“My friends say I’m a singer who drives a taxi. My band says I’m a taxi driver that sings.”
Chirino, our driver, didn’t hold back. Flying westward down the gritty highway towards Viñales, Cuba, we were in a 1990’s diesel Peugeot. The radio played a recording that Chirino had made with his band – a traditional Cuban ‘son.’ Singing along with the song, on top his own voice, Chirino hit the higher notes, smiling like he meant it, and using his hands like a conductor’s baton. Like he was on stage. Turns out, he typically is.
Chirino was not only our taxi driver but also the lead singer of Cuba’s much loved and internationally acclaimed band, Grupo Polo Montañez, named for the now deceased “Polo Montañez.”
This post is one of a series of portraits, La Vida Cubana (Cuban Life), to introduce you to the amazing and diverse Cubans that we met.
Chirino, taxista and cantante from Grupo Polo Montanez
Everybody has a story. And with a bit of curiosity, you can find out so much about the people that you come across day to day. What’s great about travel is that you never know who you will run into. Talking to strangers and asking lots of questions is something that I love doing. It can be easy and I hope serves as a good model for Beija as she learns to travel well. Note: here’s a related post on how to travel deeper by making connections.
Being in the taxi with the singer of Grupo Polo Montañez was a big deal. Really. Imagine a scenario where Eddie Vedder (lead singer of Pearl Jam, right?) had died (sorry, Eddie – this is just metaphorical) and you go to Seattle where you find that Eddie’s replacement is your taxi driver and offers to sing on top of Pearl’s Jam’s latest recorded album. (I know, cool huh?)
Listen to Chirino sing in this video:
Aviator sunglasses reflecting a warm December blue sky. Crisp white shirt with white pastel cuffs rolled up. Clean linen pants and dress shoes. White teeth to match. Totally handsome guy if I read Kymber’s mind correctly. When Chirino met us in front of his taxi that morning, we should have suspected his musical roots based on his attire.
Coincidentally we had actually met Chirino the night before, outside of a recommended restaurant in Las Terrazas. We had showed up at the restaurant when it was full. A man (that’s Chirino) greeted us out of a doorway and asked the waiter when we should return. We thought he worked there – you know, the host or family member? Turns out his family lived on the first floor right next to the restaurant so he was just being helpful. At any rate, we didn’t end up going back because we ate at the other open restaurant on the lake… but we had something to talk about right away in the taxi – you know, before the singing.
We discovered other interesting things about Chirino. He also has a daughter and a son with another child on the way. He joked that this was surely his last. His wife works at a Cafe in Las Terrazas. He used his Android phone to show us family pictures.
Right. So who’s this Polo Montañez?
The original Polo died in 2002. Las Terrazas had been his home while he was defining traditional Cuban music. He died after a late night car accident coming back from a show in Havana to Las Terrazas. We saw the place of the accident pointed out the first time going into Las Terrazas. One person said he hit a stopped vehicle that didn’t have any lights. Another person said it was alcohol related. More important than how it happened is that most everyone seems to know of Polo Montañez in Cuba. In fact, out of the touristy things to do in Las Terrazas, visiting the old home of Polo is one of them – a plaza there is also named in his memory. His band lives on, singing his songs, and continuing to tour. And his replacement was our taxi driver.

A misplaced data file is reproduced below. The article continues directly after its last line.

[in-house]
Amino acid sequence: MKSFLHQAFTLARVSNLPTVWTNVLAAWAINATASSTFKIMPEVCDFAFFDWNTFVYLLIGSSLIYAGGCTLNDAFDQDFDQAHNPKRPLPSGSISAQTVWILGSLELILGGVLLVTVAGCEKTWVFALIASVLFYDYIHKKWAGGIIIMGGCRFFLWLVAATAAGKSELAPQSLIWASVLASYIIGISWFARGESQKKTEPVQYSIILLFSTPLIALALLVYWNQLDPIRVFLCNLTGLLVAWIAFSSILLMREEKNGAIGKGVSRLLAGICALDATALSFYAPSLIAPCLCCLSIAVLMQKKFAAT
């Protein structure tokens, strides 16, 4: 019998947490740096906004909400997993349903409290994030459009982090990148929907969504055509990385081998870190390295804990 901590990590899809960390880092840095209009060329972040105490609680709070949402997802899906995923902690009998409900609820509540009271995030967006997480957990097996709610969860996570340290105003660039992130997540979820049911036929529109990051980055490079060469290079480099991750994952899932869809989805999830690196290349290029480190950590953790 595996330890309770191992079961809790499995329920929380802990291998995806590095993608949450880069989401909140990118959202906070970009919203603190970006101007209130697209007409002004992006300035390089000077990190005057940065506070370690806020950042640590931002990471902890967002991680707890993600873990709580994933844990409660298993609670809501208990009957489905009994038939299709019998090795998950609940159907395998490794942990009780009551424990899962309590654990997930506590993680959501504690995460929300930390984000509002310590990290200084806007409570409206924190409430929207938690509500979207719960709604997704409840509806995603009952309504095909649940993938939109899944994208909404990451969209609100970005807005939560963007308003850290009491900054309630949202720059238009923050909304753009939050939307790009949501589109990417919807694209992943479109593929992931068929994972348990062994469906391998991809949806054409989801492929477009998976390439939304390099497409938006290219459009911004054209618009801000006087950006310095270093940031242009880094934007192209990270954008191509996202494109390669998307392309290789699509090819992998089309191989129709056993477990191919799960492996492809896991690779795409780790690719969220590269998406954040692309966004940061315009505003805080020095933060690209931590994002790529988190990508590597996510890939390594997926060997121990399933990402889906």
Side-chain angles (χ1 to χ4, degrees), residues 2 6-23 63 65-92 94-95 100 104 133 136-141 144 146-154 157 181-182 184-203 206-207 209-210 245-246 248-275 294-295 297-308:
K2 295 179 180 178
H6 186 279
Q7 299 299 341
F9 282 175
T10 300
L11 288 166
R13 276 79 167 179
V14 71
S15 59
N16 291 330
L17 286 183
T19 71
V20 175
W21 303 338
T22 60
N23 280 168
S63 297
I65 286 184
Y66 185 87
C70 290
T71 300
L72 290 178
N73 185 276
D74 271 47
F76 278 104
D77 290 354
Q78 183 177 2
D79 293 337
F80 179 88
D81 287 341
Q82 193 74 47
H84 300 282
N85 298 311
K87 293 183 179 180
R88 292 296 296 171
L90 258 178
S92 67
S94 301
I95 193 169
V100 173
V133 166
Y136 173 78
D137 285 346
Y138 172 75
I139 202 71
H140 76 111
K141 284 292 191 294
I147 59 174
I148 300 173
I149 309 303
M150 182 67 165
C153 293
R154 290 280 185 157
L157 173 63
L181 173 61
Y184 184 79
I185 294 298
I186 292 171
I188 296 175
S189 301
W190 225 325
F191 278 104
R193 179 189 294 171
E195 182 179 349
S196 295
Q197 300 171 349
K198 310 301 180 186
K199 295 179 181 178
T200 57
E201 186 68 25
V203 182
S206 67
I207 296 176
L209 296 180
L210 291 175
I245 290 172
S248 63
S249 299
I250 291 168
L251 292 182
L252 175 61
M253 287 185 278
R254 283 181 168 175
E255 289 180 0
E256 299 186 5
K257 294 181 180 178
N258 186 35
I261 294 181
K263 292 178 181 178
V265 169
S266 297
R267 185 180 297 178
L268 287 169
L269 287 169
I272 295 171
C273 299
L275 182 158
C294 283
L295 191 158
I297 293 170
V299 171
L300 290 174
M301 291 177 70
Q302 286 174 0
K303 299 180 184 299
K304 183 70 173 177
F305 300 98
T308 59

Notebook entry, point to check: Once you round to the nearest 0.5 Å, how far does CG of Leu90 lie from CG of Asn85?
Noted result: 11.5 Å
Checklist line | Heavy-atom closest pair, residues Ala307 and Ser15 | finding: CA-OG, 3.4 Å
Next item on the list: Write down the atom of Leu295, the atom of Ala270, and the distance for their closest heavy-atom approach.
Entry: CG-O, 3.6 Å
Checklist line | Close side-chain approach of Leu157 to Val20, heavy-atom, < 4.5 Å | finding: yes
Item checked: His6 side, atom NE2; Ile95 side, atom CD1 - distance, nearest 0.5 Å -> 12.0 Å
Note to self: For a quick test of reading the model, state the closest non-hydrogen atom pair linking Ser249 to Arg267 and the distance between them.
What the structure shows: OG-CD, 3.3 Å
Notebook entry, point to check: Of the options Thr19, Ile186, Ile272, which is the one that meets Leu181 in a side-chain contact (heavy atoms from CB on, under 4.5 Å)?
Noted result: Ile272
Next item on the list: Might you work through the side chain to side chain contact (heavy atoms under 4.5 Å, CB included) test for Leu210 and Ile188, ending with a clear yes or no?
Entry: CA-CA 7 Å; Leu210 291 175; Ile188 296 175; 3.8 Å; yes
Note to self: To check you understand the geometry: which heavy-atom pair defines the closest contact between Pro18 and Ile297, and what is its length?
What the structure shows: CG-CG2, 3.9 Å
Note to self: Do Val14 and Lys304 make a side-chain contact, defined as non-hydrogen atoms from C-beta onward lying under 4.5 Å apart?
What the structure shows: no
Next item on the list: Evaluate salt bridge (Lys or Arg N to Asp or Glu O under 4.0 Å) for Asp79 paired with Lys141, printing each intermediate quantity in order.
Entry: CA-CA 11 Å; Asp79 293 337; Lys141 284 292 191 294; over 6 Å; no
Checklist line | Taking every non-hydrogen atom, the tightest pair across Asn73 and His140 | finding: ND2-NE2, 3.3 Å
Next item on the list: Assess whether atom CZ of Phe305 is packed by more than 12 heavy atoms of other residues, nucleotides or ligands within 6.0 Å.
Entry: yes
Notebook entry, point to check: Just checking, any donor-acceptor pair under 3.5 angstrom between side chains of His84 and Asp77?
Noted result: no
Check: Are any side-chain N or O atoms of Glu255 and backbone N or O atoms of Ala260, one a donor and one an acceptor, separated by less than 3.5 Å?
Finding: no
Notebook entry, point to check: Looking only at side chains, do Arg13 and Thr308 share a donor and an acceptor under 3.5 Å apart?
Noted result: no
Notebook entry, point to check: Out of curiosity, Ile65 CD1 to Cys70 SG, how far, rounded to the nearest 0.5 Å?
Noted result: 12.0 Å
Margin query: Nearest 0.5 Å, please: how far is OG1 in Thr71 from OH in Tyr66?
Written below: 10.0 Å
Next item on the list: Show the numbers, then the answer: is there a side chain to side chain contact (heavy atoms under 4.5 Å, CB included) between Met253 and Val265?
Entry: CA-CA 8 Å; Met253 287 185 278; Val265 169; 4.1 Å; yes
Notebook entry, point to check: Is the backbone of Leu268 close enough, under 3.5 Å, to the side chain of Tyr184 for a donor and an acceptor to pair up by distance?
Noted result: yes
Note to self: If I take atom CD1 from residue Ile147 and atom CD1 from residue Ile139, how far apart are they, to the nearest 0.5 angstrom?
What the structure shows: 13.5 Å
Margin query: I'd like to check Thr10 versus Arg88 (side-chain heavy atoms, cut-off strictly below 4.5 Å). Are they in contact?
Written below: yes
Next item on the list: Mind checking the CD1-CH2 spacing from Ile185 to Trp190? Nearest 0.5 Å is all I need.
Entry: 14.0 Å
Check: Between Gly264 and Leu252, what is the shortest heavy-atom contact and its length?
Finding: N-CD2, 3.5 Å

Chirino was excited because he was preparing to travel to Miami to perform with his 9-piece band, some members still being from the original Polo band. A swiss producer had married a Cuban woman and so was able to set up a recording studio in Havana. He was also helping the group travel and perform outside of Cuba.
Since I’m also a musician (check out my super-famous band), I asked questions related to the music. How do you pick out a “son” from a salsa? Our first day in Havana we had some son dance lessons at La Casa del Son and a ‘son’ had been described to me as an older and originally Cuban predecessor to a ‘salsa’ – with African influences. It had become popular in the 1930s. As a newbie to Cuban music, I had a hard time distinguishing the two. Chirino helped me figure it out. “A son has two audible beats, followed by three. Listen for the clave.” (A clave – like a wood block.)
He tested me on my ability to hear the differences. And helped me out when a bolera came on (a slow ballad). I described how we have open mic nights in Seattle, and how he could really engage with tourists and local musicians if there were to be an open mic night in Las Terrazas.
We passed lots of local hitchhikers and he pointed out smoke from a large sugar can processing plant. Turning north off the highway, we passed a police check and Chirino greeted the officer like they were old friends and we were waved on with smiles. We passed through green tobacco valleys and made it to Viñales, our next temporary home and said goodbye.
Chirino was headed straight to Havana for a show that evening. And we kept a little bit of his music with us.
While this is in Spanish, you can see Chirino talking at 2:12 min into the clip.